===[[Three rock fire|Traditional Three Rock Fire]]=== ===Stove Programs=======Obstacles====Improved stove programs face many political, social and economic obstacles that must be addressed if cook stoves are an improved stove program is going attempt to succeed. One of address the major obstacles to the success negative environmental and social effects of improved stove programs in rural areas is the freely available biomass resources that lead people to continue to rely on biomass for cookingthree rock fire. Improved stove programs have failed in areas were Stoves increase efficiency of fuel is not purchased or fuel is easy to collect. "Many stove programs have failed because the target group has no shortage of wood or do not perceive shortages consumption and thus see no pressing reason to adopt improved stove" (Barnes 1994). Stove programs must be conducted in areas that have a need for improved stoves. "Programs must be targeted carefully to situations in which people pay high prices for fuel or walk long distances to collect fuel wood to other biomass materials" <ref name="Barnes" />. Ease of use is a major concern where stoves require fuel wood to be cut reduce pollution released into small piecesindoor cooking environments. Stove users that have neither the time nor the tools to cut the wood into small sizes, may result in the improved stove going unused. "No matter how efficient or cheap the stove, individual households have proved reluctant to adopt it if it is difficult to install and maintain or less convenient and lass adaptable to local preferences than its traditional counterpart" <ref name="Barnes" />. The high price of the improved stoves can be a formidable barrier to their adoption. "Although in the long run improved Improved fuel stoves save money, the initial cash outlay required may prevent poorer people from affording the stove" <ref name="Barnes" />. ====Ways to Succeed====Stove programs have a better chance of success in urban areas where people buy both the fuel and the stove. Programs in rural areas succeed where fuel wood has already been harvested and people designs are spending extended periods of time gathering fuel. Improved stoves that have a quick payback period generally are more likely to be adopted in poorer rural areas. "Programs have been most effective where households pay relatively high prices for wood fuels; in such cases, the improved stoves can pay for themselves in fuel savings very rapidly, even though they are usually more expensive to produce and buy than traditional stoves" <ref name="Barnes" />. Targeting specific areas where cooking fuel is expensive can ensure improved stoves to be quickly adopted and purchased. The evaluation of improved stoves is an important in understanding how and why improvements and changes in design should be implemented.====Indigenous Culture====The respect for indigenous culture is important in the improved stove design. Feedback and a two way interaction constructed with local users should be designed in any improved stove program. "Stove dissemination programs are most effective when they allow for interaction metal housing and feedback between designers, producers, and users" <ref name="Barnes" />. Stoves need to be adapted to each region around insulating materials enclosing the world. The different styles of cooking in various countries dictate different stove designs. "Stoves should be modified or redesigned to meet regional requirements" <ref name="Barnes" />fire. Improved stoves are most successful where local knowledge and customs are taken into account. "Households have been most receptive when the dissemination process takes full account of the capacities and the needs of local stove producers and consumers" <ref name="Barnes" />. Stove programs do best in areas where people have an unequivocal need to save fuel and the improved stoves can be produced cheaply by local industries or artisans. "Improved stoves are most popular when they are easily improve heat transfer and locally manufactured and have clear advantages in fuel economycombustion, durability, ease of use, and cleanliness" <ref name="Barnes" />. Populations utilizing improved resulting in an efficient clean burning wood stove realize the benefits and advantages to their health and local environment.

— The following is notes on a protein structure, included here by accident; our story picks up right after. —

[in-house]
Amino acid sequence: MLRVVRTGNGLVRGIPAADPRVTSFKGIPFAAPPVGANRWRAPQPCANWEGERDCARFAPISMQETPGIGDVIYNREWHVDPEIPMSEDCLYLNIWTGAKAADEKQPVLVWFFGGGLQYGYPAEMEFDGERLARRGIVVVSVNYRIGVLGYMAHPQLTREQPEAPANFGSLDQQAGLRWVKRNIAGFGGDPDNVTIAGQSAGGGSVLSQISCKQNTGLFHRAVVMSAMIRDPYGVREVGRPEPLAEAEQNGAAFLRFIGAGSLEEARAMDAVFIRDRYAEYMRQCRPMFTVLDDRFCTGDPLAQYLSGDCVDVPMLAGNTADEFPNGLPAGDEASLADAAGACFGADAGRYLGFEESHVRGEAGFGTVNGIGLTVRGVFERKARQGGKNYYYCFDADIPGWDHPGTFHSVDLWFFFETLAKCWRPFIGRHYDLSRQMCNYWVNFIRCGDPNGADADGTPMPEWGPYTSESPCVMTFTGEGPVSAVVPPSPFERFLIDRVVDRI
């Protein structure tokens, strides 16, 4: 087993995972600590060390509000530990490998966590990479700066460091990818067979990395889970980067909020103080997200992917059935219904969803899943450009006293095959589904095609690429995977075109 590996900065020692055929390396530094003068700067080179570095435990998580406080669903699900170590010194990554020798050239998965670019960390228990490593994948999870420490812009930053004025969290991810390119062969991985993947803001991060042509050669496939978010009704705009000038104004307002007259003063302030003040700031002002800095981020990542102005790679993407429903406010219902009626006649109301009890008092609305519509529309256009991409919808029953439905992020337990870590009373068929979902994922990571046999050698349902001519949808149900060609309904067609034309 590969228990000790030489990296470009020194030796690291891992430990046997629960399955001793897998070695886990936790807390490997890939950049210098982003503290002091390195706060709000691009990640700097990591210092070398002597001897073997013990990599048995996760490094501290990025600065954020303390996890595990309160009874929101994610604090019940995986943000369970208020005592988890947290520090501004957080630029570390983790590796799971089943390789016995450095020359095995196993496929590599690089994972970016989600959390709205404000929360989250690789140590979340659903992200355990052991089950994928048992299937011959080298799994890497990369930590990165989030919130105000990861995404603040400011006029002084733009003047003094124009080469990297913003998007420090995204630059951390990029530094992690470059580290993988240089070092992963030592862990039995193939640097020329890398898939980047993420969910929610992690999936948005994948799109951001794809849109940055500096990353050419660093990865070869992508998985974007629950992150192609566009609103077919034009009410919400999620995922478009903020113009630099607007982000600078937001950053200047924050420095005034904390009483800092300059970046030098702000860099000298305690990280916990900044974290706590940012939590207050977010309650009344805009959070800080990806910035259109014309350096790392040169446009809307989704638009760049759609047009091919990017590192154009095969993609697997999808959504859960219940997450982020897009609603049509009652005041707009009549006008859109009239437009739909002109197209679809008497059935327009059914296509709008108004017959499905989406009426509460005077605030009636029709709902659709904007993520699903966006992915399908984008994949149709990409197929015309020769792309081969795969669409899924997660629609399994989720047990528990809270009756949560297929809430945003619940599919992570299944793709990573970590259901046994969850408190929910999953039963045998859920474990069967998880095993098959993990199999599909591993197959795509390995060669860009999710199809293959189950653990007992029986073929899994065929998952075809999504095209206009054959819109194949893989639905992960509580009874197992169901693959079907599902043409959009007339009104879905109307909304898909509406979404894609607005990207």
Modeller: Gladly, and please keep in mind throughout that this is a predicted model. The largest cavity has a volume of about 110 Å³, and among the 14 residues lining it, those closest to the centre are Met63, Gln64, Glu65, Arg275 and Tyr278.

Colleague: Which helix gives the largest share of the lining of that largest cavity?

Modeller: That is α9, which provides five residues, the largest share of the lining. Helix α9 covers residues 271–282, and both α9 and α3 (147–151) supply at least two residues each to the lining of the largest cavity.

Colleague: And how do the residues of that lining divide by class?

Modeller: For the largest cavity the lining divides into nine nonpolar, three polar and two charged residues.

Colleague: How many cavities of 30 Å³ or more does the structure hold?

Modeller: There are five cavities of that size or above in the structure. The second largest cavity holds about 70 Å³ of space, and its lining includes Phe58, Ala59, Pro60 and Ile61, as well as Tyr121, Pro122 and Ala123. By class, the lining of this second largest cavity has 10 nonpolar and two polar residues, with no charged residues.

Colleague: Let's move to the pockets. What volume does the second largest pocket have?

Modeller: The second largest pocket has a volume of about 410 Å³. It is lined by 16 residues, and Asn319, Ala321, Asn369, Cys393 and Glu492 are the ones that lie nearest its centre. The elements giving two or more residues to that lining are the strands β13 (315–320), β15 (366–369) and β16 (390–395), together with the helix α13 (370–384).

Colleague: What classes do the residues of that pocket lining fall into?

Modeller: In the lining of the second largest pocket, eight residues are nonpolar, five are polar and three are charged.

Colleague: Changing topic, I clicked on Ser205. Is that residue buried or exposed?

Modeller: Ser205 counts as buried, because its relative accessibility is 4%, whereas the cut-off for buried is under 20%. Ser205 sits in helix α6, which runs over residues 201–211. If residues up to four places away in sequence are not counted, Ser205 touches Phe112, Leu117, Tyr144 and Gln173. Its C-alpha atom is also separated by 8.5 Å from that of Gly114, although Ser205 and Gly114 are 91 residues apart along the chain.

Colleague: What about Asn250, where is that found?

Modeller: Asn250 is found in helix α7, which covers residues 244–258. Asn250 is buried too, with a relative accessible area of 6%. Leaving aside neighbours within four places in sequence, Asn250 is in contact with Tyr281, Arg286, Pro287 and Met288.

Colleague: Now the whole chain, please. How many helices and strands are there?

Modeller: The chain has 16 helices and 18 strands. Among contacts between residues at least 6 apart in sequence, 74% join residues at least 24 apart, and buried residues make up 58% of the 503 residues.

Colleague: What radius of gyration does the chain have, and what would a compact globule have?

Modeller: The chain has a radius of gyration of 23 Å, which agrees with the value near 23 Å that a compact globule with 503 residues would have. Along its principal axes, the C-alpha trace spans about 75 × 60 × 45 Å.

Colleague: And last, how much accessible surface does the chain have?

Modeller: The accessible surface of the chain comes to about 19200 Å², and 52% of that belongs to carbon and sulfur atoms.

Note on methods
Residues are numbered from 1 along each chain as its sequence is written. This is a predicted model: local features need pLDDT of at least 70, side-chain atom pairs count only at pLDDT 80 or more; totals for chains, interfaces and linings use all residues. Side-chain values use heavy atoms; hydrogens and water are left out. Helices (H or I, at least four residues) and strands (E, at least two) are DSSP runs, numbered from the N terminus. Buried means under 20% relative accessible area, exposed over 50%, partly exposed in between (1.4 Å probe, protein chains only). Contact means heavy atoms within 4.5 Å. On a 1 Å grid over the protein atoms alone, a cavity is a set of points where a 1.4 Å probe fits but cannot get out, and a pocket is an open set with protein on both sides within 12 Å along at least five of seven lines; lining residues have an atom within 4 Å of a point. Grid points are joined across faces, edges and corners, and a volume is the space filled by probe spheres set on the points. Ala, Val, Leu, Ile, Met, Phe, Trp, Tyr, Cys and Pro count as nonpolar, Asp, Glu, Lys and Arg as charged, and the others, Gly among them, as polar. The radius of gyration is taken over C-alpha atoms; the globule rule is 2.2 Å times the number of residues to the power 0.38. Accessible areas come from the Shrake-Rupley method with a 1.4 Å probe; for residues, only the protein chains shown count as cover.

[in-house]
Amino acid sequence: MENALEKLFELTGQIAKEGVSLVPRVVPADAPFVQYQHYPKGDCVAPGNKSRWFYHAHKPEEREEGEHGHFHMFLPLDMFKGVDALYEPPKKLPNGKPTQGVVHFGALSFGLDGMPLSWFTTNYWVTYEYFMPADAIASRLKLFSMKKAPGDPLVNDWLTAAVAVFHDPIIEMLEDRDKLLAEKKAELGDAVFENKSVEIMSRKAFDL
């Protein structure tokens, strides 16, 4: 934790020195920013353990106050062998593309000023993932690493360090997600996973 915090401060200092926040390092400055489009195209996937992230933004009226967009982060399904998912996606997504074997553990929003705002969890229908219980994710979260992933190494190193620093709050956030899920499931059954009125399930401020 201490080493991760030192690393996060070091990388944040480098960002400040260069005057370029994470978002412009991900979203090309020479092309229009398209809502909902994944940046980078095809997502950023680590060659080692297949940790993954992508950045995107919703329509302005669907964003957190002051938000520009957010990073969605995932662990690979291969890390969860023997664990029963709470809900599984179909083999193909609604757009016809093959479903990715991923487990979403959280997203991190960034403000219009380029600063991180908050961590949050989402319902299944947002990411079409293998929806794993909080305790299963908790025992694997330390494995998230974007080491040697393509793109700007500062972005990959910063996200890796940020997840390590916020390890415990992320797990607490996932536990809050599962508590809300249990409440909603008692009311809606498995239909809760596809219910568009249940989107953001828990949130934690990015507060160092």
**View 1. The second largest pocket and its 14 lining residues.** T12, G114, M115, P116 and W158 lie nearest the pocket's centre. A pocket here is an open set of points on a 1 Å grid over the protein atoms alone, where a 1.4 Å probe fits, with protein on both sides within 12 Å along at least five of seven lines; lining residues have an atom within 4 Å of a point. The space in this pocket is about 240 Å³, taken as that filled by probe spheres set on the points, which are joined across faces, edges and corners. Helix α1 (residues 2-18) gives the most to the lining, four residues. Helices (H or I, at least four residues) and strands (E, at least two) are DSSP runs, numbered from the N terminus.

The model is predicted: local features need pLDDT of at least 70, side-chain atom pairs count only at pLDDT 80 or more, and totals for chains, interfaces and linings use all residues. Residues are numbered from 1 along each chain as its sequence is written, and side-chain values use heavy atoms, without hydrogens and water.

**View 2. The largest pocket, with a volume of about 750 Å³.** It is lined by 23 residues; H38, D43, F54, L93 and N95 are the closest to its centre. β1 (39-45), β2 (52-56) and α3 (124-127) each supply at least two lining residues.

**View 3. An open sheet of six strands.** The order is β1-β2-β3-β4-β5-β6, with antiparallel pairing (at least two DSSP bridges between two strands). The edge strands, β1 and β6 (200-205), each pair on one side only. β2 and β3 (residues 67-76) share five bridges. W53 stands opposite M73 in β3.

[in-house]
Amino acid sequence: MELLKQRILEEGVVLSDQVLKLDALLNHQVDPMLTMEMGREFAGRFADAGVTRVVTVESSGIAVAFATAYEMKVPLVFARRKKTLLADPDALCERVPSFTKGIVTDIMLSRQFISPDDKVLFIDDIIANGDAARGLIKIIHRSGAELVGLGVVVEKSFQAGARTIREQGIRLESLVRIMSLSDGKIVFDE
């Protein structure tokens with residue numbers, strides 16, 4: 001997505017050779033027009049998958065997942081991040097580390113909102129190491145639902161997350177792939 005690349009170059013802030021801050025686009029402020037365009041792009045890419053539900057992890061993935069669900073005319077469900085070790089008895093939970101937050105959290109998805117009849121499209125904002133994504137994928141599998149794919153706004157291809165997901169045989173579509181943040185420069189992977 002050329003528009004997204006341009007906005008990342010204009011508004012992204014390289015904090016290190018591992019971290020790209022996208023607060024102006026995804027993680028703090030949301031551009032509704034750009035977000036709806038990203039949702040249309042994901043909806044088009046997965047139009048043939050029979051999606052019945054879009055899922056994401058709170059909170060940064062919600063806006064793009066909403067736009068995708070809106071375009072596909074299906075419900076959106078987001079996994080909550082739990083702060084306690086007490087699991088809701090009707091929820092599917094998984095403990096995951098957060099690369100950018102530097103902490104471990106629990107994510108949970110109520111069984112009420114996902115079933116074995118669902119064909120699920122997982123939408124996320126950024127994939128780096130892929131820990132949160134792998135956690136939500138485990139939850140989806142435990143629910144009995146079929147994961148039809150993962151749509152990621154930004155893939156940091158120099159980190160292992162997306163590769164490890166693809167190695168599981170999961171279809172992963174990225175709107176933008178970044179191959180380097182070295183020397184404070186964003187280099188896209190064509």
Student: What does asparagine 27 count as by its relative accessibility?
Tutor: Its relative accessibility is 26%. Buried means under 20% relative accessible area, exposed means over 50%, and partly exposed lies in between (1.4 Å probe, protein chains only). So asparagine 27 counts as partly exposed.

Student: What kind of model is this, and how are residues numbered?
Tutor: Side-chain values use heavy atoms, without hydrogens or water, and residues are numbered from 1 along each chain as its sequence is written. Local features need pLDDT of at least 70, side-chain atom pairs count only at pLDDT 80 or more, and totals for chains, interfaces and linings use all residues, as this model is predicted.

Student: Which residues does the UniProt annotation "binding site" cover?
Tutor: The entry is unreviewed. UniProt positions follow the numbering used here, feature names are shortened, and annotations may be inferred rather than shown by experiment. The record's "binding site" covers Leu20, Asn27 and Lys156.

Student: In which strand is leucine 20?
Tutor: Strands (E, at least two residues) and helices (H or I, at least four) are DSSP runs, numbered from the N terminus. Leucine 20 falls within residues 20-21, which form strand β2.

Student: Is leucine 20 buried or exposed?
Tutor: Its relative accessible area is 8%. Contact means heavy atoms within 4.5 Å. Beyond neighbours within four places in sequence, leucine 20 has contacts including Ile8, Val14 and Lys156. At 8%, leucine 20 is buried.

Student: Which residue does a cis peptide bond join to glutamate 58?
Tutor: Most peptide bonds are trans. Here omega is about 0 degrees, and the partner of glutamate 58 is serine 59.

== Design ==